• Explore current options. You may be able to get help with getting coverage now through existing programs. Learn more about health insurance for children up to age 26, and programs for people and children in families with limited incomes, like Medicaid and the Children's Health Insurance Program. Medicare covers people who are 65 and older or who have certain disabilities.
    • Find out which marketplace will serve you. If your state has its own health insurance website, use it to compare your options and enroll in coverage. If your state doesn't have a health insurance website, use healthcare.gov.
  • Yes. Employer-sponsored coverage is generally minimum essential coverage. If an employee enrolls in employer-sponsored coverage for themselves and their family, the employee and all the covered family members have minimum essential coverage.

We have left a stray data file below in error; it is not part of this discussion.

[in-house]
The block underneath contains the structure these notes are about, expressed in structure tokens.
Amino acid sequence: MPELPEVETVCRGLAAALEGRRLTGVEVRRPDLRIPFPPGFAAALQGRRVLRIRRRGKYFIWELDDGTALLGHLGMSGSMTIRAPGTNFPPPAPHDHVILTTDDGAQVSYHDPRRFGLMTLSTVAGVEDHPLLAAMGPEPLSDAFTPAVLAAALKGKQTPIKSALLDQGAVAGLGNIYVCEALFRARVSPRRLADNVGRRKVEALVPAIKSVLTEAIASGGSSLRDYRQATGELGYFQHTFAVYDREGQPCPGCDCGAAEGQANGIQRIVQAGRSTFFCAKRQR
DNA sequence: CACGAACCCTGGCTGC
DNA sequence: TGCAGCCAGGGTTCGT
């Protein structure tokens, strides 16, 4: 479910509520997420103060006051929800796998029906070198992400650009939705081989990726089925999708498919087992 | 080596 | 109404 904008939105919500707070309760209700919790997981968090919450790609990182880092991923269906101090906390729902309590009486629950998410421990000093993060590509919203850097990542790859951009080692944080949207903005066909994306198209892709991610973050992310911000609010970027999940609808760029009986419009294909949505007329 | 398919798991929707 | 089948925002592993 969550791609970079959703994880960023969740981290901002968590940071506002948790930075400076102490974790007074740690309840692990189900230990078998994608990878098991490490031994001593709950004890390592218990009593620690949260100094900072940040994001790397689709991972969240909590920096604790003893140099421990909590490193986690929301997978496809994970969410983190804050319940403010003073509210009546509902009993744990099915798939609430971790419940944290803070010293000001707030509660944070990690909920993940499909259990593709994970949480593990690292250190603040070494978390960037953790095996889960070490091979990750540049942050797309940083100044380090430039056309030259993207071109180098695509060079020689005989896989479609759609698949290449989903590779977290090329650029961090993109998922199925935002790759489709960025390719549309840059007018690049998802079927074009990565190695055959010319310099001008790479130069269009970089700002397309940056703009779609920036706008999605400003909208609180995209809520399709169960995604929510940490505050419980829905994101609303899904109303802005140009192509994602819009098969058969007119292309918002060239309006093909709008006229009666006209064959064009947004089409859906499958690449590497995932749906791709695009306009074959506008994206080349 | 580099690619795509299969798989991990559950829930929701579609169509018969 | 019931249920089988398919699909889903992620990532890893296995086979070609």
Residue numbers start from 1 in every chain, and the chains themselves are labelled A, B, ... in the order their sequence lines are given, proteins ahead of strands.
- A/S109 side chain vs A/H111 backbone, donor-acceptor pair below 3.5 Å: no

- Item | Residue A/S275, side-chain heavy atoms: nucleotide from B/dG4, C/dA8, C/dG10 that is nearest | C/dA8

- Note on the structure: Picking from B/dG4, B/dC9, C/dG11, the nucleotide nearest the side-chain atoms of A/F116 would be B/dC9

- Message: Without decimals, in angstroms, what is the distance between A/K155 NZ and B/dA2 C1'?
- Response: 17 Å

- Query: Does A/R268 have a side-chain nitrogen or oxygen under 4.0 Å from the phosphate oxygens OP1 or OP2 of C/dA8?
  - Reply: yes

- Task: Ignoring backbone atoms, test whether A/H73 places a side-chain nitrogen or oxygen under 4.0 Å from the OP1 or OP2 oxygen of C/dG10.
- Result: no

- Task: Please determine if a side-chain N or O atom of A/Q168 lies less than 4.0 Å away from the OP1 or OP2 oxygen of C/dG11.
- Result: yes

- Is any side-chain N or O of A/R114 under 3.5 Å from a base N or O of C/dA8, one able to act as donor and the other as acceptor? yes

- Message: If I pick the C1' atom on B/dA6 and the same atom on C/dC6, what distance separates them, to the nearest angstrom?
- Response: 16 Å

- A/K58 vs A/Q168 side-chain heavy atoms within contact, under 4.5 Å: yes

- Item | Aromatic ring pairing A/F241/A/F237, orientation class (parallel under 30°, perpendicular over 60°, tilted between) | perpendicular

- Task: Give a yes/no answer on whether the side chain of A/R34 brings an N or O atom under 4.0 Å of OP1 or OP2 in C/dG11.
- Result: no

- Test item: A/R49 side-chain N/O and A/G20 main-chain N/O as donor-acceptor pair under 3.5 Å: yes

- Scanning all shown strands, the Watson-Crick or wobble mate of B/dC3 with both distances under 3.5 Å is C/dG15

• No. You, your spouse and your dependent children do not have to be covered under the same policy or plan. However, you, your spouse and each dependent child for whom you may claim a personal exemption on your federal income tax return must have minimum essential coverage or qualify for an exemption, or you will owe a payment when you file.
  • Yes. Grandfathered group health plans provide minimum essential coverage.
  • Yes. Retiree health plans are generally minimum essential coverage.
  • Yes. Employer-sponsored coverage is minimum essential coverage regardless of whether the employer is a governmental, nonprofit or for-profit entity.
  • No. You will be treated as having minimum essential coverage for a month as long as you have coverage for at least one day during that month.
  • Individuals are treated as having minimum essential coverage for a calendar month if you have coverage for at least one day during that month. Additionally, as long as the gap in coverage is less than three months, you may qualify for an exemption and not owe a payment.